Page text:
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Google Arts & Culture app matches your pet with museum artwork

Samsung Galaxy S21 Pet Portrait
Samsung Galaxy S21 Pet Portrait (Image credit: Nicholas Sutrich / Android Central)

What you need to know

  • The Google Arts & Culture app adds a new Pet Portrait feature.
  • The new feature matches an image of your pet with museum art.
  • It's similar to the Art Selfie feature that went viral in 2018.

Google recently updated its Arts & Culture feature with a new feature specifically for animal lovers dubbed Pet Portraits, which takes an image of your pet and matches it to artwork.

The latest update, which started rolling out on some of the best Android phones this week, opens directly to the new Pet Portraits mode when selecting the camera icon. When selecting "Take a photo," you can either capture a picture of your pet with the viewfinder or upload one using your phone's gallery.

The feature will analyze the image and compare it and compare it to various museum artworks, listed based on the percentage of likeness. From there, you can either retake, save, or share the image. You can even enter a slideshow to display all the different artworks or select an artwork to view the full image as well as the artist and museum it's featured in.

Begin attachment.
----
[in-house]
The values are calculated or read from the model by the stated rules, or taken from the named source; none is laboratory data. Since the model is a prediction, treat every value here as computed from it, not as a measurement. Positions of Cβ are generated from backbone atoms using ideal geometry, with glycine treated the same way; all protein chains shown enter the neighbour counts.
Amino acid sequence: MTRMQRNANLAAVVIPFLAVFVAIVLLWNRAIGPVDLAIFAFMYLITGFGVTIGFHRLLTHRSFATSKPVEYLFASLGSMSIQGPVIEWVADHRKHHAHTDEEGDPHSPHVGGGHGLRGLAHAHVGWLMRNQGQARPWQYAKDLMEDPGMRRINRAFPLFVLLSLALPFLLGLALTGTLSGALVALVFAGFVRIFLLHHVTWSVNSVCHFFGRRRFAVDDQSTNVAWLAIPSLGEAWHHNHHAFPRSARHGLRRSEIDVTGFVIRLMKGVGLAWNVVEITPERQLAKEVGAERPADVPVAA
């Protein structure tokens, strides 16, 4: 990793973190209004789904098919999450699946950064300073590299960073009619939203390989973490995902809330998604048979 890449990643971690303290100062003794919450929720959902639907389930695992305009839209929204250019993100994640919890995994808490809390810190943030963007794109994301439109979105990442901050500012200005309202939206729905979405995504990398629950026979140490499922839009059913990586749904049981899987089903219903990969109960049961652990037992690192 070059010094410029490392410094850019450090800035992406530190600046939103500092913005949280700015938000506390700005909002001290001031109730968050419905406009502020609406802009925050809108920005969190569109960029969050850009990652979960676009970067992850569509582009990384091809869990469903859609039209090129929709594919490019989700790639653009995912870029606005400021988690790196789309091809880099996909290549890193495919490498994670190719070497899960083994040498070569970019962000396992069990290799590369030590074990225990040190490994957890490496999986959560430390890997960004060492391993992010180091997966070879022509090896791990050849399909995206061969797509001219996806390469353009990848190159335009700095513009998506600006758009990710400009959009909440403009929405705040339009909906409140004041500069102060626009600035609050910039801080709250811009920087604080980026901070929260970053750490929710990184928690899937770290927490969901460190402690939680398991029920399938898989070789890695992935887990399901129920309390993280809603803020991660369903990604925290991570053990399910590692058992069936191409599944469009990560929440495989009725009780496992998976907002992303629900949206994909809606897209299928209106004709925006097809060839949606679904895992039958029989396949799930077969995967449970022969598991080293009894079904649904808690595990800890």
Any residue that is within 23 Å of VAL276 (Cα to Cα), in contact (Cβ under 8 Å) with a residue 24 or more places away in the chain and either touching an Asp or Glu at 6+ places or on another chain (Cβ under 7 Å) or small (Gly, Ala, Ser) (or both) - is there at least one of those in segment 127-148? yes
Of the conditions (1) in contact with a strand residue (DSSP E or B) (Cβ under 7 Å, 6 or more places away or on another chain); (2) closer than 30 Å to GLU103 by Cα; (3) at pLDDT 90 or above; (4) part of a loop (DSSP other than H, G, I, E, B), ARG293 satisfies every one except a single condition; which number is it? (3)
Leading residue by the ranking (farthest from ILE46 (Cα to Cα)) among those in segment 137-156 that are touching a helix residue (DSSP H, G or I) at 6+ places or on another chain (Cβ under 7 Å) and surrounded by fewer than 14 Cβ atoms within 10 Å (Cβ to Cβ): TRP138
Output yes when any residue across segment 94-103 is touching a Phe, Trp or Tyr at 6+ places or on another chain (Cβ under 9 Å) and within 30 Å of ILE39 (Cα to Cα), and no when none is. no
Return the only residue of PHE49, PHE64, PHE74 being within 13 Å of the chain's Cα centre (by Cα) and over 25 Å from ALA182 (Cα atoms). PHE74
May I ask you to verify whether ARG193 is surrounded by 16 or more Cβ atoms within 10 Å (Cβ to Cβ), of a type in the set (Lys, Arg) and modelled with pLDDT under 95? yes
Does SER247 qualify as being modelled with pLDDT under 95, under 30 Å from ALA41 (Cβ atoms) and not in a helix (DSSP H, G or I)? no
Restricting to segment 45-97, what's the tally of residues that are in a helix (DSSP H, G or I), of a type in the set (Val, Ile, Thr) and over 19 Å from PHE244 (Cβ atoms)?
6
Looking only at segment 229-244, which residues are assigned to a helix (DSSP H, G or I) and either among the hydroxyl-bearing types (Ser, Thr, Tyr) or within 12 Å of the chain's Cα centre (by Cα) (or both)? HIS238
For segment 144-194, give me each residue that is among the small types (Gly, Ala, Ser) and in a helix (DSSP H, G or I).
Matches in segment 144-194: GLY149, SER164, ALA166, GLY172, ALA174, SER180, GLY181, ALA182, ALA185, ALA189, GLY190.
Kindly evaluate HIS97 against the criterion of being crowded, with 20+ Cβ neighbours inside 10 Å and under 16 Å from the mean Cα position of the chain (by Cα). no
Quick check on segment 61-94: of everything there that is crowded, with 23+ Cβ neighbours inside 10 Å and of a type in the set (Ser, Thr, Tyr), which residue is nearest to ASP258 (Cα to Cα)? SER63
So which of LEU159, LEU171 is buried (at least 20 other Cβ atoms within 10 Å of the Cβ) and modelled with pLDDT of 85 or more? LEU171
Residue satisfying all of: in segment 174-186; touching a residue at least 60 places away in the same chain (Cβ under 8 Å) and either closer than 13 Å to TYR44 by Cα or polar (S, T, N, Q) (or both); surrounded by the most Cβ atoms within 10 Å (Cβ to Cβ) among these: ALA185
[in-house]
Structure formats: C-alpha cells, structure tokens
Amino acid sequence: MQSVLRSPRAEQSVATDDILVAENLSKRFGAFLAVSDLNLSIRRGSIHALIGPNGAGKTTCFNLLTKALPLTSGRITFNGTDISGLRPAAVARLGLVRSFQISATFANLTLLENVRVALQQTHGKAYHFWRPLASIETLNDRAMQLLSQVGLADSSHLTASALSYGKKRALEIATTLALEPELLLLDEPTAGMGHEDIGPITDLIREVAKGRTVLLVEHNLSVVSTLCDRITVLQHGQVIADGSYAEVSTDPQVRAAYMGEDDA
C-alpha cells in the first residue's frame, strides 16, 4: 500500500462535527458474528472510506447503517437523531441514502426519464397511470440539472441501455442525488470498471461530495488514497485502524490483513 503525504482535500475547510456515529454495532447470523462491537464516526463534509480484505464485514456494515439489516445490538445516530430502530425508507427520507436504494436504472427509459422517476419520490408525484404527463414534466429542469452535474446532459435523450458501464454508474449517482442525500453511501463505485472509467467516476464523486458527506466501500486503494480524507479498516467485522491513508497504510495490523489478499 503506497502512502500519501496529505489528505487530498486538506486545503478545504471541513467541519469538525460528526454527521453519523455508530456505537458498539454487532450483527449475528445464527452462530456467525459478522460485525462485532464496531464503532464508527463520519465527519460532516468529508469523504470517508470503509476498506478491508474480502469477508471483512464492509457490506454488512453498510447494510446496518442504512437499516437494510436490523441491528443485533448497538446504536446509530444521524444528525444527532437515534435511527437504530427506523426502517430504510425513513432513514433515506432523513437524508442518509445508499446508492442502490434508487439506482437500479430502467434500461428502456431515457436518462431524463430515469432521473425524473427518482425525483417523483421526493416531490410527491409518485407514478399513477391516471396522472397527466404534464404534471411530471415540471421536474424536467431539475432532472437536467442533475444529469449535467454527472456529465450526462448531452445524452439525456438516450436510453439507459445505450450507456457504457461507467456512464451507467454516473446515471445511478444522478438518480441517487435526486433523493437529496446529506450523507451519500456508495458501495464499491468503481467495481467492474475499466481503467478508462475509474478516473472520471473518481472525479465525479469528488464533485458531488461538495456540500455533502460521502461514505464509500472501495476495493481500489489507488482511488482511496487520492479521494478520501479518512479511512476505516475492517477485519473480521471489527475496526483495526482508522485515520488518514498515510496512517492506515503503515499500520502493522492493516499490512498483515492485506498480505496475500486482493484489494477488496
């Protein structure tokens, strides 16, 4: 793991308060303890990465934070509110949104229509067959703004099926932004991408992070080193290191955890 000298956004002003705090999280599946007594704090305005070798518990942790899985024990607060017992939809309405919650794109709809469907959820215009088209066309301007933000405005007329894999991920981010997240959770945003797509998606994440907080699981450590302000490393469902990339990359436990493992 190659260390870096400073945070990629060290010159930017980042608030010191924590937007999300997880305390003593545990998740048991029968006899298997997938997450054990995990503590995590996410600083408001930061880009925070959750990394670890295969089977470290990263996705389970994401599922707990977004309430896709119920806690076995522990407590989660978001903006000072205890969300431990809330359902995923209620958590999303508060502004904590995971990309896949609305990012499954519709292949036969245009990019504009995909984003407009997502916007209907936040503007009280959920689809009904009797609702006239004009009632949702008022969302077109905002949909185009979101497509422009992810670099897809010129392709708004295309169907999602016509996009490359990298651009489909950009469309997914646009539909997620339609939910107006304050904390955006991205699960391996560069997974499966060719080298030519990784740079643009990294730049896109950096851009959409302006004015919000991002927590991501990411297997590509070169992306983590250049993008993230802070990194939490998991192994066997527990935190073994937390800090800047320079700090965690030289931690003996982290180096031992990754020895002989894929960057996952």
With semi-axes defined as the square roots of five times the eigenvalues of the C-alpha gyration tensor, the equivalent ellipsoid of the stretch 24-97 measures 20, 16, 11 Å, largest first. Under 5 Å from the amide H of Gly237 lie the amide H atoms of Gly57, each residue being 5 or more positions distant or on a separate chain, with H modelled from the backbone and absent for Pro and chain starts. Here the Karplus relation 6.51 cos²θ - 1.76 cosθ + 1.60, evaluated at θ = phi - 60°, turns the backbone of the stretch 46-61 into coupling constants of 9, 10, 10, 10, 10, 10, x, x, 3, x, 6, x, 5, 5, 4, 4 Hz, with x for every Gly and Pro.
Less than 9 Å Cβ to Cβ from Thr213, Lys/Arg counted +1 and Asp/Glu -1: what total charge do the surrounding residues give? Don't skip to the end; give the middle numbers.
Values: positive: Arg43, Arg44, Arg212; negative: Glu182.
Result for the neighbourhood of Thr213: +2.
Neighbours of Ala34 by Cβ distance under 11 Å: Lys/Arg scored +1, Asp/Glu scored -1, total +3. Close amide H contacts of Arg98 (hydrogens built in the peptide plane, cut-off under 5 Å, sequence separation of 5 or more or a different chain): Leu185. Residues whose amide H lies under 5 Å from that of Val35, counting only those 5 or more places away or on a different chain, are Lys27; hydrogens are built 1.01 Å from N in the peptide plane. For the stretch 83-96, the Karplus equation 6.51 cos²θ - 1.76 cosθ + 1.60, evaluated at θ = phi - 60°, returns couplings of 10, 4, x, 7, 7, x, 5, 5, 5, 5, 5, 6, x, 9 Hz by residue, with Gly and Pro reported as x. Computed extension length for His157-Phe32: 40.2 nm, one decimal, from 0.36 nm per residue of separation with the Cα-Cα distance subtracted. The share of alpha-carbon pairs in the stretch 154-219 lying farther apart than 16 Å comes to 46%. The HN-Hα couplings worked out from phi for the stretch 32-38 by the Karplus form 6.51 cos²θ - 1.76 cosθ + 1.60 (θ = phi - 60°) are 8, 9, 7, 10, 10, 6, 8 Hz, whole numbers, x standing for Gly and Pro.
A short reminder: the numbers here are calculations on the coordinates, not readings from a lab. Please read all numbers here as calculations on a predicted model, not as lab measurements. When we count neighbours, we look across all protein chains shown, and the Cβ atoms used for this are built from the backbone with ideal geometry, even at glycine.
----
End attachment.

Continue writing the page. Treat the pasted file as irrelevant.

Source: Derrek Lee / Android Central

If this sounds familiar, it's because Pet Portraits harkens back to Google's Art Selfie feature that went viral for a moment a few years back. That feature is still present and is accessible from the new carousel layout in the Arts & Culture camera that replaces the old list view.

Google ensures to inform the user before use that images are only processed on-device and not sent through to servers. Additionally, images are only seen by you unless you choose to share them.

The feature appears to be part of app version 9.0.27, which may not have rolled out on all devices just yet (some of our devices like the LG Wing have it, while others don't).

Derrek Lee
Derrek Lee

Derrek is a long-time Nokia and LG fanboy who loves astronomy, videography, and sci-fi movies. When he's not working, he's most likely working out or smoldering at the camera.